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News > Liverpool's Christian Benteke asks mind guru for help adjusting to life in Anfield goldfish bowl

This news was published on 05.01.2016

Striker has turned to Michel Bruyninckx as he faces pressure of living up to his £32million price-tag and learning a different style of play

The giant striker asked for help in adapting to the different style of football after his summer transfer from Aston Villa.

He is facing a late fitness test before Belgium’s Euro 2016 qualifying clash in Cyprus on Sunday, and then a huge date for his club at Manchester United this Saturday.

And, with just one Premier League goal so far this season – and that one should have been ruled out for offside – the ­24-year-old knows he is under pressure to start justifying his huge fee.

Michel Bruyninckx, the specialist coach credited with the development of Belgium’s current crop of world stars, revealed: “One day, he gave me a call and said, ‘Can I have some ­additional sessions.’

“When he was a boy in Belgium, he changed regularly from one club to another, because he only had one profile — as a physically strong player. I tried to encourage him then to expand his mind to see that he must not accept those labels and that he could continuously change his skills, and the way he learned to think has been enormously important to his career.

“I hear people say he is not a Liverpool type of player, but I tell you that he can adapt to any club.”

Bruyninckx, 64, built his ­reputation at Standard Liege and with Belgium's age-group teams and now works worldwide, advising clubs such as Real Madrid and AC Milan on how to expand the football intelligence of young players.

He said: “This challenge is not new for him. For many years, people tried to convince Christian he was only a physical player, but, through his mental power, he has changed all that.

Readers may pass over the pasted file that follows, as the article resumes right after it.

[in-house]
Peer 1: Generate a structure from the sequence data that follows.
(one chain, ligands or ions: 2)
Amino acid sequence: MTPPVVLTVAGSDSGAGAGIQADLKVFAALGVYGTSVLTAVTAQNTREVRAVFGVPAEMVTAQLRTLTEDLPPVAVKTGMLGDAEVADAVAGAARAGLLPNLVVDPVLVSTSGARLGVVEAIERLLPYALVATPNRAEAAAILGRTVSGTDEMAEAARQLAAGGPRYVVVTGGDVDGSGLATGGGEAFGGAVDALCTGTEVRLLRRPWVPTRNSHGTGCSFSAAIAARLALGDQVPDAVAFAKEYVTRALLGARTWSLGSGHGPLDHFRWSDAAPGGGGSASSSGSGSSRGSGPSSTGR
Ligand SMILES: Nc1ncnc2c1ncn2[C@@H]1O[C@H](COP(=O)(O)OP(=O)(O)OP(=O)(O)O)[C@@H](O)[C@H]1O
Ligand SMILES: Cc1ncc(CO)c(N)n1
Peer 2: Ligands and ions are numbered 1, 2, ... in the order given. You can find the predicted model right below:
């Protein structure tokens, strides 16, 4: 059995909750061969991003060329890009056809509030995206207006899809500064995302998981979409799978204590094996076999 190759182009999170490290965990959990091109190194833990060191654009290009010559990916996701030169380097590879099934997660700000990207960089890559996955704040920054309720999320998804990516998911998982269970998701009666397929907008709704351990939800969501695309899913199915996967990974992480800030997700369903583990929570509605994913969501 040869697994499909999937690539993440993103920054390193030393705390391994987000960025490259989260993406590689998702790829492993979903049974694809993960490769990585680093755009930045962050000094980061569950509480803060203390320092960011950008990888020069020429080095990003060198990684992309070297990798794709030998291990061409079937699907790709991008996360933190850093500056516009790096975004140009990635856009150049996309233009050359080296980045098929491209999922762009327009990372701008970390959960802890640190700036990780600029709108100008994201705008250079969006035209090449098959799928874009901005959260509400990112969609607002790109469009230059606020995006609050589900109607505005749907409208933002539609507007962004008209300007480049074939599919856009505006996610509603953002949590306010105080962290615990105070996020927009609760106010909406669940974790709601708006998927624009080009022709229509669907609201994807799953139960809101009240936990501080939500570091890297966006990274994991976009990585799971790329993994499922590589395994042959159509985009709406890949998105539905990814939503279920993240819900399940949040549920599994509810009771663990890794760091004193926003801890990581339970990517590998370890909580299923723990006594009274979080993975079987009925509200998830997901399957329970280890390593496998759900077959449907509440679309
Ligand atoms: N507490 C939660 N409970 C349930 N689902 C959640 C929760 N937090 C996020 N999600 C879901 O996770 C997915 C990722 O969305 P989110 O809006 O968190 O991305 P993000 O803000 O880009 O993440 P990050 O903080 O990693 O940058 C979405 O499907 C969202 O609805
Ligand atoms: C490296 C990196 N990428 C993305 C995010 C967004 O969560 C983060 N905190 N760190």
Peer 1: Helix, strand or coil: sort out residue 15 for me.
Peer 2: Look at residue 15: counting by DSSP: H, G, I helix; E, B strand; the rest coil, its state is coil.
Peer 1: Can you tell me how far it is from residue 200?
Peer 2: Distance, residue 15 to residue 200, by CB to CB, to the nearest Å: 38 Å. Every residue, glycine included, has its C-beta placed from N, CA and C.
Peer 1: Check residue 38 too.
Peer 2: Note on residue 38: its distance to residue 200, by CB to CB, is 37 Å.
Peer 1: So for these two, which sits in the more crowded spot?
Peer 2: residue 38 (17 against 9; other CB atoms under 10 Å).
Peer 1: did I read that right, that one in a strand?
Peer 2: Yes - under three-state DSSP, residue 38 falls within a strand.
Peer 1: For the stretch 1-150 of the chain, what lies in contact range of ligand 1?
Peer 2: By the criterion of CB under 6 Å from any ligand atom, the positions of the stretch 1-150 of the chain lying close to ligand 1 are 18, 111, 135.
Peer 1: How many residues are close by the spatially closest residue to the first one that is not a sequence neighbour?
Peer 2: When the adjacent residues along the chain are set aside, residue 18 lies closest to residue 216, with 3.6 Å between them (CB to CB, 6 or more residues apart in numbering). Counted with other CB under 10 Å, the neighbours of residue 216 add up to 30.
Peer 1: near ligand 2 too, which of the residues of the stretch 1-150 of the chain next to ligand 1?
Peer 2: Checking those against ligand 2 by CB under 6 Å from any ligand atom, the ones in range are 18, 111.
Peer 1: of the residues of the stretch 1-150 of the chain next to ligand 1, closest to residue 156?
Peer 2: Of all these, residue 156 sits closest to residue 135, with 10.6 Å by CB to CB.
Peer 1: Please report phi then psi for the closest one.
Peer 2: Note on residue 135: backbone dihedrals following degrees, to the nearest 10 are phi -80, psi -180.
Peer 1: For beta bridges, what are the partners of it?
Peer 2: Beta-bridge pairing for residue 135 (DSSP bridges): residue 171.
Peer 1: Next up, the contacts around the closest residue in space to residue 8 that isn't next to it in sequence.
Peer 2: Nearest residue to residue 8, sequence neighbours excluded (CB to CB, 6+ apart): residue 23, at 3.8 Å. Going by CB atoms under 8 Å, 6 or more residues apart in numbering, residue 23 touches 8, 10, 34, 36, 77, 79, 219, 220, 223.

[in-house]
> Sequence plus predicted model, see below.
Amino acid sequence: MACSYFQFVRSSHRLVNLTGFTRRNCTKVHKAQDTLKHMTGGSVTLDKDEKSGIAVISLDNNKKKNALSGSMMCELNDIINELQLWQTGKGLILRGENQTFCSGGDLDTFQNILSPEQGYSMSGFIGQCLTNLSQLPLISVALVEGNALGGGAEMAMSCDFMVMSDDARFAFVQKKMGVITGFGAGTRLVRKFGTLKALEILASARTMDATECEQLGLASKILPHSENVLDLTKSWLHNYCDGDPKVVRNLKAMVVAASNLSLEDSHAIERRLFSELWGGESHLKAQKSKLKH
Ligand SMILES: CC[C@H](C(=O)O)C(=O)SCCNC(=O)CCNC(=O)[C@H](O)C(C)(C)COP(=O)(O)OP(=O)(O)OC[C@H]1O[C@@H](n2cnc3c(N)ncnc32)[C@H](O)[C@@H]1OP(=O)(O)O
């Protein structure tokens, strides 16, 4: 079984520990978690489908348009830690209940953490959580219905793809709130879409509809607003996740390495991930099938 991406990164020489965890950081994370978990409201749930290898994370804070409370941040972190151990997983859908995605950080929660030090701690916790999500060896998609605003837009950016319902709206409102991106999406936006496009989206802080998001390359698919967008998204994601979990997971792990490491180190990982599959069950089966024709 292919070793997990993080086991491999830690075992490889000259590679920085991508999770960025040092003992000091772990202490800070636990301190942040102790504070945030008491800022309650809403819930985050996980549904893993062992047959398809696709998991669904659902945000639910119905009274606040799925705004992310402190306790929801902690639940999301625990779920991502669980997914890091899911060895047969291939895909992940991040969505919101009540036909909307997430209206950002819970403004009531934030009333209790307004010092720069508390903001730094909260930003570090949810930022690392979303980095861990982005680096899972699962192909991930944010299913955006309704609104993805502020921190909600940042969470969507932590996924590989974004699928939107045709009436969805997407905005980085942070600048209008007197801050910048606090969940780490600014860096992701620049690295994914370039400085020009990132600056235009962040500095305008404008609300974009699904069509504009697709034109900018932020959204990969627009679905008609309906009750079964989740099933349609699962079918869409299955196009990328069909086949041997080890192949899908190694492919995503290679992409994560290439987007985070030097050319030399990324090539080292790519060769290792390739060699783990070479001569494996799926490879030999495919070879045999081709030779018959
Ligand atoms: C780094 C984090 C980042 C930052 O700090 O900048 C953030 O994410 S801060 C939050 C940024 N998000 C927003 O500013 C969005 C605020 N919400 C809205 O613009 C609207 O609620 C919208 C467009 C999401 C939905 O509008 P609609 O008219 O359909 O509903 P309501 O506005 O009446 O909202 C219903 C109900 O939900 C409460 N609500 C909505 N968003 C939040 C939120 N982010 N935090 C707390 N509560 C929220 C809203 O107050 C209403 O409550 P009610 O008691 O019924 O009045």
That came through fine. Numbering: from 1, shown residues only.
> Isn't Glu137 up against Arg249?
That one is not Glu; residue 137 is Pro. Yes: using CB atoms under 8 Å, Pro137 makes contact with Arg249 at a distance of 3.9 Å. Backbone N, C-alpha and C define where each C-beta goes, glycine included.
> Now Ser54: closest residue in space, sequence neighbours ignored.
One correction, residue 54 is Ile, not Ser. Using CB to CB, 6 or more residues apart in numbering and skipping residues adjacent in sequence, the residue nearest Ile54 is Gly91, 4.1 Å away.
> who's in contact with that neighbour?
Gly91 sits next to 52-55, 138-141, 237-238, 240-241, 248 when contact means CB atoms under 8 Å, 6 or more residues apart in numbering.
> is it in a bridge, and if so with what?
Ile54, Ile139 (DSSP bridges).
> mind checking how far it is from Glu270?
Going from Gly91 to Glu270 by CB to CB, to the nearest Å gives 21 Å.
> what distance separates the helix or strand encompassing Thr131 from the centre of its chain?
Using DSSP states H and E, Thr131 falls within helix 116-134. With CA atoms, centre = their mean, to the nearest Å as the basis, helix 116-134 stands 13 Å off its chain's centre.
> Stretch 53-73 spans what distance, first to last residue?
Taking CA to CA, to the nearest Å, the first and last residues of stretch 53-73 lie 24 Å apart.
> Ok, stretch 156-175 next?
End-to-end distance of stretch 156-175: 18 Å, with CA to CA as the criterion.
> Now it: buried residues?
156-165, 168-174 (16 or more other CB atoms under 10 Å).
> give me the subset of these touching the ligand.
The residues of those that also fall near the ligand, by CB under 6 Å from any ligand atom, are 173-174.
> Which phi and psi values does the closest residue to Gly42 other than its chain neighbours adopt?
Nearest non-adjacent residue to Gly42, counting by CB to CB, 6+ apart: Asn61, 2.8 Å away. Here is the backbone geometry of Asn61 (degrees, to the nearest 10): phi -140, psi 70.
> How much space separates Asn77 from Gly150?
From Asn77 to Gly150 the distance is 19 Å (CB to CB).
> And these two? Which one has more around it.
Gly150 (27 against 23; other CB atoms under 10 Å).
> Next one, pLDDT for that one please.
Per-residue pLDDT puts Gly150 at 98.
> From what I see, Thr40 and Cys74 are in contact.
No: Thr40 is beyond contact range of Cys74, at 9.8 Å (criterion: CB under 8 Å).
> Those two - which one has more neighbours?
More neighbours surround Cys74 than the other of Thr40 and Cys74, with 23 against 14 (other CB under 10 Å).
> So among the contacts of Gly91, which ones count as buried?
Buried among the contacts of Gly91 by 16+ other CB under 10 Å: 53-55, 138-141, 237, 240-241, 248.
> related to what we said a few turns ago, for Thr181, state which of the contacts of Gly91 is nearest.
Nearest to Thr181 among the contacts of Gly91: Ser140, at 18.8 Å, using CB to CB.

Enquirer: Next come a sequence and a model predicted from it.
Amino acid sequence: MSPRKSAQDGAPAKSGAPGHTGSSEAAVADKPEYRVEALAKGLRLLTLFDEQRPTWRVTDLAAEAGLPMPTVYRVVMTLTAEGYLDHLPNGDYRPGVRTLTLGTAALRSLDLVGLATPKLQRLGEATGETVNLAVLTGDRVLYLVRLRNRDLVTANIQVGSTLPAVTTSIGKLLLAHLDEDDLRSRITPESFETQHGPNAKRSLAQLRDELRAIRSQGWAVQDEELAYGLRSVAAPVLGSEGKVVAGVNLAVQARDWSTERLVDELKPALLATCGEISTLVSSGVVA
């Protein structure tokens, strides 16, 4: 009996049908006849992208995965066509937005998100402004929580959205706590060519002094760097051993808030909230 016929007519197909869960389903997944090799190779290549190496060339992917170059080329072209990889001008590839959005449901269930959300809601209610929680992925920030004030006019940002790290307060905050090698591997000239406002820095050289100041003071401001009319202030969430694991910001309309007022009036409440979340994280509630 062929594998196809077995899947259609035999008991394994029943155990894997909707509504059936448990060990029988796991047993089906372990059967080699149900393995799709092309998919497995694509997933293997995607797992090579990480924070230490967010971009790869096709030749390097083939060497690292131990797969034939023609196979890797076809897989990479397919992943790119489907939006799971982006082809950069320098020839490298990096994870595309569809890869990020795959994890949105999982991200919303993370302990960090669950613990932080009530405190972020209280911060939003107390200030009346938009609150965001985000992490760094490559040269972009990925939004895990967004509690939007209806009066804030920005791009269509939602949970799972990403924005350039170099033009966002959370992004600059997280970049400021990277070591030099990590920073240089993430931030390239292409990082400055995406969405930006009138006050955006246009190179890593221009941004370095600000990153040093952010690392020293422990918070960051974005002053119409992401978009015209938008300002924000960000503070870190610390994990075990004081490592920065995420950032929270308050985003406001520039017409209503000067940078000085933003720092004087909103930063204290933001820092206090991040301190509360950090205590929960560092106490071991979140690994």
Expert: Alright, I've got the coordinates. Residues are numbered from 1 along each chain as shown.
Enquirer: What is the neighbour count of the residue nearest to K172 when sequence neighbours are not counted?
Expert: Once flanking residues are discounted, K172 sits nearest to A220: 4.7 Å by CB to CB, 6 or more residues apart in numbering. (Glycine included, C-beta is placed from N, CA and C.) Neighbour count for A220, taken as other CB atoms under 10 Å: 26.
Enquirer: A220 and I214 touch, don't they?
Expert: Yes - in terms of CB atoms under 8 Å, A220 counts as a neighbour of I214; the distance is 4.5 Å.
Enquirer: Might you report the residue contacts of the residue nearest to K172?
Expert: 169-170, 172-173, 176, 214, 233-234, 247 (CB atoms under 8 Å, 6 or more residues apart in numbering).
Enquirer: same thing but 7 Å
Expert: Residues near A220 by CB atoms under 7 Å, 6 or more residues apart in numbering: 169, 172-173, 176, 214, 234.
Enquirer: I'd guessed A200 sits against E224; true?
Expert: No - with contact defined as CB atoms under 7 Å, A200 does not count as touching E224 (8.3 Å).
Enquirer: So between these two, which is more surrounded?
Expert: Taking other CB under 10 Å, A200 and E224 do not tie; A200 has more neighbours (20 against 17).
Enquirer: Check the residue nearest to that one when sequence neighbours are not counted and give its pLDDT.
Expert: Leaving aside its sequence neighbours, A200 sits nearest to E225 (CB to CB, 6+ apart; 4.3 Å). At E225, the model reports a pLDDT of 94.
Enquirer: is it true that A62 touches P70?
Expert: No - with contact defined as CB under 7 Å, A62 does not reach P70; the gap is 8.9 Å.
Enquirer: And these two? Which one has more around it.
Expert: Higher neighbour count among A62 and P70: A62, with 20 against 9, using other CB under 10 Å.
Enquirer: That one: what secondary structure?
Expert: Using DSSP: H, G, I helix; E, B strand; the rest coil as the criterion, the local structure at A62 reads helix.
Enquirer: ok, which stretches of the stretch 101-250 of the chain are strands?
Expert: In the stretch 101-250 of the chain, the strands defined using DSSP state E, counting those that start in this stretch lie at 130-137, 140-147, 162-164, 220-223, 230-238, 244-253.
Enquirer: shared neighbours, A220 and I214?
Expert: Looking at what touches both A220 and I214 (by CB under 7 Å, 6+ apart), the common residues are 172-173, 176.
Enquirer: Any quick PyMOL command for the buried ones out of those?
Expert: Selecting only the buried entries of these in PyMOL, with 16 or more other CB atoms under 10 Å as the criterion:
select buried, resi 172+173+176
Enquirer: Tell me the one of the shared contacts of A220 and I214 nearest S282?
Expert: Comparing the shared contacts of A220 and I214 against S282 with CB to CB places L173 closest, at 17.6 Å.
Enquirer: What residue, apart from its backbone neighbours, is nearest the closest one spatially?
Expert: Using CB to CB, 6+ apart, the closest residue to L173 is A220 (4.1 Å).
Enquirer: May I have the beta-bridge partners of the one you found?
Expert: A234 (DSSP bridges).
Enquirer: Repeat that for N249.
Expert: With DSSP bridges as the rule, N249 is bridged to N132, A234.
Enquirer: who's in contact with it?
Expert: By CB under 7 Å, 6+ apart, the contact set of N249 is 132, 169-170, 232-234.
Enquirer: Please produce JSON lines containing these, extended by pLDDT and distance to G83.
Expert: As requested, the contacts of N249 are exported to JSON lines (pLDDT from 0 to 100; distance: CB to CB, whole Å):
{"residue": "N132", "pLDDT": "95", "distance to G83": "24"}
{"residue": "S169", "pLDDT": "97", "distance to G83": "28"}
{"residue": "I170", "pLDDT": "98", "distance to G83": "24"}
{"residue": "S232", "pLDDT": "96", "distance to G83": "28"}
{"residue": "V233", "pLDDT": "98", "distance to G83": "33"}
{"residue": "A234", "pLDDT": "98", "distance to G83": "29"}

“When you watch him in the national team, you can see that, technically, he is skilled, he is creative, he is intelligent. I fully believe that, through Liverpool, he will go to a higher level again.

“Even back to when he was in the same Belgium Under-17 team as Eden Hazard, most of the coaches looked at him only as a tall, physical player and said that he didn’t have the same technical ability to progress that Hazard was showing.

“But, step by step, he has ­understood that the modern game requires other things and his mental endurance and mental power has changed a lot.

“When I spoke with him, when he gave me the call, I said, 'Listen, Christian, you have to work on it, and that will open your world. If you decide yourself, then you can go to anything.'

“One of his major points is that he has a broad mindset. He is open to learn every day of his life.

“We understand, more and more, that the capacity of the brain is remarkable and, once a player is aware how the game is played in the head, he can evolve continuously.”